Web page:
After the ship cracks (like a dragon egg) during the storm, the figurehead loses an arm and the mast is compared to a dwarf. I think the message to us is that Tywin has lost his arm (like Jaime); long live Tyrion as the new Hand of the King / stinky steward. Keep in mind, though, that Jaime is learning how to use his other arm to fight with a sword. The hint may be that a version of Tywin will be reborn with the intent of being the power behind the throne. (Hmm. Maybe Cersei?)

Of course, Moqorro is a link here between the Tywin figurehead and Aeron as an Ironborn figurehead in a storm. 

I'm not denying that Aeron is also in a figurehead position. I expect the parallel to Tywin is deliberate: both men are kingmakers or would-be kingmakers. Tywin was a "brother-in-arms" with Aerys; Aeron was a brother of Balon. I believe that Aeron already "crowned" Theon when he anointed him with seawater upon his return to the Iron Isles. Perhaps Tyrion's close encounters with seawater during the storm was a similar symbolic anointing. Aeron has followers called Drowned Men; the ship has fifty slaves in the hold who are marked with tattoos of the ship's figurehead. 

TWoW material:

Spoiler

What does it mean that the silent pregnant woman is strapped up alongside Aeron? Aside from further proof that Euron is a horrible person. The fact that her tongue was cut out may be part of the Damphair / damper wordplay recently discussed in the Puns & Wordplay thread, linking Aeron to the silencing of voices. Her pregnant condition may be telling us something about the major theme around fertility and the fecundity of the earth. Her surname is Flowers, and Evolett recently outlined some good thinking around millers grinding seeds to make flour and flowers as sources for seeds.

@Evolett also connected "millers" to "smilers," and we know that Theon is a smiler who worked with Ramsay (son of a miller's wife) to kill the miller's sons and pretend they were Bran and Rickon. So the sad smile for these various kingmaker figureheads (Tywin, the Kindly Man, possibly Aeron?) could show us that they are on the side of the smilers. (The other team is the slayers, based on Stannis asking Jon Snow whether her would rather have a smiler or a slayer as the new lord of Winterfell.)

Hmm. Thinking of Winterfell reminds me of Theon as Reek - Theon was Ned's ward and "reek" means stink. Theon escapes Winterfell with Jeyne, who I believe to be pregnant. So I bet that's one of our parallels for Aeron as a figurehead. 

On 6/30/2022 at 1:13 PM, Wolfcrow said:

These type of resurrections, Aeron, Patchface, even Davos since his situation is also a little bit blurry, worked kinda differently, that let's say Lady Stoneheart and Beric. We haven't seen someone like Mel or Thoros or in general a priest waking them up, it's like "the gods" helped or whatever power we have. All of them had natural deaths, but Euron seem to work on a sacrifice or in general magic stuff, so do we know if after this will be able to be resurrected again? Because I think the will not. 

This seems like a particularly apt set of comparisons for working out Damphair's fate. We are told that Aeron has had two deaths or near-deaths by drowning: one in a battle where Fury, one of the ships under the command of Stannis, sank the ship Golden Storm, that Aeron had named in honor of his skill at urinating. Aeron washed up on the shore and was taken as a prisoner to Casterly Rock. His other near-death by drowning was in a storm. After these harrowing experiences (hmm. Harrowing is a term related to raising crops, which is something the Ironborn do not do), Aeron gives up his juggling and joking and partying and urinating and instead devotes himself to prophecy and the drowned god. 

Patchface had a similar transformation from charming, smiling fool to creepy, prophetic fool after his miraculous recovery from drowning.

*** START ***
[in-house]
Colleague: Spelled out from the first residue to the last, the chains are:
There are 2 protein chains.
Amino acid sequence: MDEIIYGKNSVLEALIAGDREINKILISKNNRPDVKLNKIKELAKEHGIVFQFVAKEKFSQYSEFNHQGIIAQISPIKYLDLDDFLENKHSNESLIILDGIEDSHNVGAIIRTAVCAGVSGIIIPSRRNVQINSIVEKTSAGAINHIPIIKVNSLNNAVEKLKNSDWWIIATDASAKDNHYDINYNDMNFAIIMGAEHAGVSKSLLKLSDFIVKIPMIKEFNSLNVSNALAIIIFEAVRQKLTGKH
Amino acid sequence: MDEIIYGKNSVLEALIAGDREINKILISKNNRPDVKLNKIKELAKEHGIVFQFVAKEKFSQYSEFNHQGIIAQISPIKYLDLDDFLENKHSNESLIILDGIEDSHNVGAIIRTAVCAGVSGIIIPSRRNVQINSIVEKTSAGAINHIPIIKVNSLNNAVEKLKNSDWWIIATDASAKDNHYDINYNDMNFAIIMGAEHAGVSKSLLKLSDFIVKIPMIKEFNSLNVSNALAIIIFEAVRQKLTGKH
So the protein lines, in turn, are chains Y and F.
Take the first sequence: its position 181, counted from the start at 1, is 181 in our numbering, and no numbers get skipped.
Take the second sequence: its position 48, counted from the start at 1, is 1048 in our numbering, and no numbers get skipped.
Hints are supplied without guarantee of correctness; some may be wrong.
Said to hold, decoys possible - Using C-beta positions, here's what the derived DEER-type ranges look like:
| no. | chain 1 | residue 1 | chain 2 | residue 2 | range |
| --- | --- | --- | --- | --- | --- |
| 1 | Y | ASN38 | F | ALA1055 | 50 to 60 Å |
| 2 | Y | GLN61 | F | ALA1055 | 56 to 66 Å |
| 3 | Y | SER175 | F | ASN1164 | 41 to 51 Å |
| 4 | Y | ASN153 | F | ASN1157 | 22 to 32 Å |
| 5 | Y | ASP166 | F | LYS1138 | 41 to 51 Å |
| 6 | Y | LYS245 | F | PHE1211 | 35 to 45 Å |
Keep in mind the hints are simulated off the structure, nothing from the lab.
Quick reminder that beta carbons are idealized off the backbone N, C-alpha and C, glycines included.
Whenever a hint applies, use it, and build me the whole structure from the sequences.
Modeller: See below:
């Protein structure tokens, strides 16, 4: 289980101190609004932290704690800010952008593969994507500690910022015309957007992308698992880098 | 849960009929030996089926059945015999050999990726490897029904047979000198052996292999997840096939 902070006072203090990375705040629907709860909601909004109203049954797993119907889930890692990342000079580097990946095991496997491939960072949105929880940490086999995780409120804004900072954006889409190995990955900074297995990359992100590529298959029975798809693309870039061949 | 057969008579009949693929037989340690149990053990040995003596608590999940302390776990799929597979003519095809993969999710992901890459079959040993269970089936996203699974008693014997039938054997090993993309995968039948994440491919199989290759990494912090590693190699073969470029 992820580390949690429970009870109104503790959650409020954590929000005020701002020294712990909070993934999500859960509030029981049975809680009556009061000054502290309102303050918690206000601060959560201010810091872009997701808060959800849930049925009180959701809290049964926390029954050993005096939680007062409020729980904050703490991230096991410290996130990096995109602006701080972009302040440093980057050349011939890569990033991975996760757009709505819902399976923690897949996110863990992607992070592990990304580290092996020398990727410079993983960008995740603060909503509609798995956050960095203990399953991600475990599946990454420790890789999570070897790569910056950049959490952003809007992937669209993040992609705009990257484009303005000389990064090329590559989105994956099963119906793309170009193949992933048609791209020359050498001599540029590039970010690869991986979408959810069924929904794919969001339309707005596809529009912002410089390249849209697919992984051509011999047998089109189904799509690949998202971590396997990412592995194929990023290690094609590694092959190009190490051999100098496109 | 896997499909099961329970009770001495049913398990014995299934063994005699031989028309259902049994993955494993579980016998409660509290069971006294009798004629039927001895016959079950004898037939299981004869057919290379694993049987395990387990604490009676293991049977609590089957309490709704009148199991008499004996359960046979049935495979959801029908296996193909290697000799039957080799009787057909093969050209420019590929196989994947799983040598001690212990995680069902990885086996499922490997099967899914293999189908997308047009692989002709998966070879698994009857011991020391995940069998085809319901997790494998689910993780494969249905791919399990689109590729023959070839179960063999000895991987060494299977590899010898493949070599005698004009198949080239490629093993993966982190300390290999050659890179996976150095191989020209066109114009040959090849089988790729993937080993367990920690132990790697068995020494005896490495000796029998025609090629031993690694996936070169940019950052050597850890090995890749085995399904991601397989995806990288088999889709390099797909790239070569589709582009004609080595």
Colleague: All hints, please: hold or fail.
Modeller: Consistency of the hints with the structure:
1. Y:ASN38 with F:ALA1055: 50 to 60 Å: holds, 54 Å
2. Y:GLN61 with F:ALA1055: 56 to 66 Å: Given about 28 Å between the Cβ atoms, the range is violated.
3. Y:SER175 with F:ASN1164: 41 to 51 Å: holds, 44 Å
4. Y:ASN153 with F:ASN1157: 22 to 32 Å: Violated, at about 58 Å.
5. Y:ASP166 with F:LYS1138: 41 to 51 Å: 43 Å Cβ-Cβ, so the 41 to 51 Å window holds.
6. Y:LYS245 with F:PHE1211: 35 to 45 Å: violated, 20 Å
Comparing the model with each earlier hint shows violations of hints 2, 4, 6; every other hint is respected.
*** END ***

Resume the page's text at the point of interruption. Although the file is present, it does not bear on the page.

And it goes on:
It doesn't seem as if Davos has had a transformation from party animal to dour religious man since his drowning, but he did have to give up his plan to murder Melisandre, which might be interpreted as a "conversion" to accepting the Red God. His remaining son became religious, so maybe that covers the parallel to Aeron's arc. Davos did (sort of) give up smuggling, and that might explain the rhyming wordplay with juggling: GRRM wanted to show us one more parallel between Aeron (who used to juggle) and Davos (who used to smuggle) after their drowning situations. 

Thoros is the Red Priest representative in the Beric and (indirectly) the Lady Stoneheart resurrections. The prologue chapter with Cressen gives us a super interesting juxtaposition of a maester (Cressen), priestess (Melisandre), and two drowned men (Patchface and Davos). Cressen had hoped (in keeping with the letter from Stephon) that Patchface would teach Stannis to laugh, so there is our smiler / slayer allusion again. People had told Cressen to let Patchface die, but he had worked to save the life of the tattooed fool. But Patchface's bucket / crown is placed on Cressen's head when he is trapped into drinking his own poison. 

We saw Melisandre give birth to a shadow baby. Was she the pregnant woman in the Stannis / Davos / Patchface arc? She seems to have an immortality secret, so maybe she has a "what's dead can never die" superpower?

I've seen some interesting discussions of the Drowned God as the "Great Other" who is in opposition to the Red God. It makes sense that fire and seawater could not happily co-exist. In spite of their stag sigil, House Baratheon began as a bastard line from the Targaryens. They adopted the sigil of House Durrandon, associated with the Storm God. Is there still secretly a Targaryen fire hidden beneath the trappings of the Storm God? Is that why Stannis is drawn to Melisandre? Will the Drowned God extinguish the flame?

In answer to the op, I think Aeron still has some resurrections left in his bank account. But he is also strongly linked to Theon and his final resurrection may take the form of Theon escaping certain death at some point in the next books. 

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2 minutes ago, Seams said:

I've seen some interesting discussions of the Drowned God as the "Great Other" who is in opposition to the Red God.

This is something I think it's not true, tbh. The ironborn say: 

Quote

Make our names known in fire and blood and song.

To me sounds like the believers of R'llor would say, not ironborn, but they do. Also, when you're drowning or inhale salt water it burns.

I think that the trees and the water is in the middle of whatever opposites we have, this is why they have many contradicting elements. 

 

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The ritualistic drowning should not be taken literally.  It's a dip in seawater.  The Catholic religion has many rituals that are symbolic.  The ironborn are the same with their religion.  The  ironborn are not immortal.  They die as well as other people.  Asha will become the leader of her people because she is a Greyjoy.  The captains will elect her to lead their people.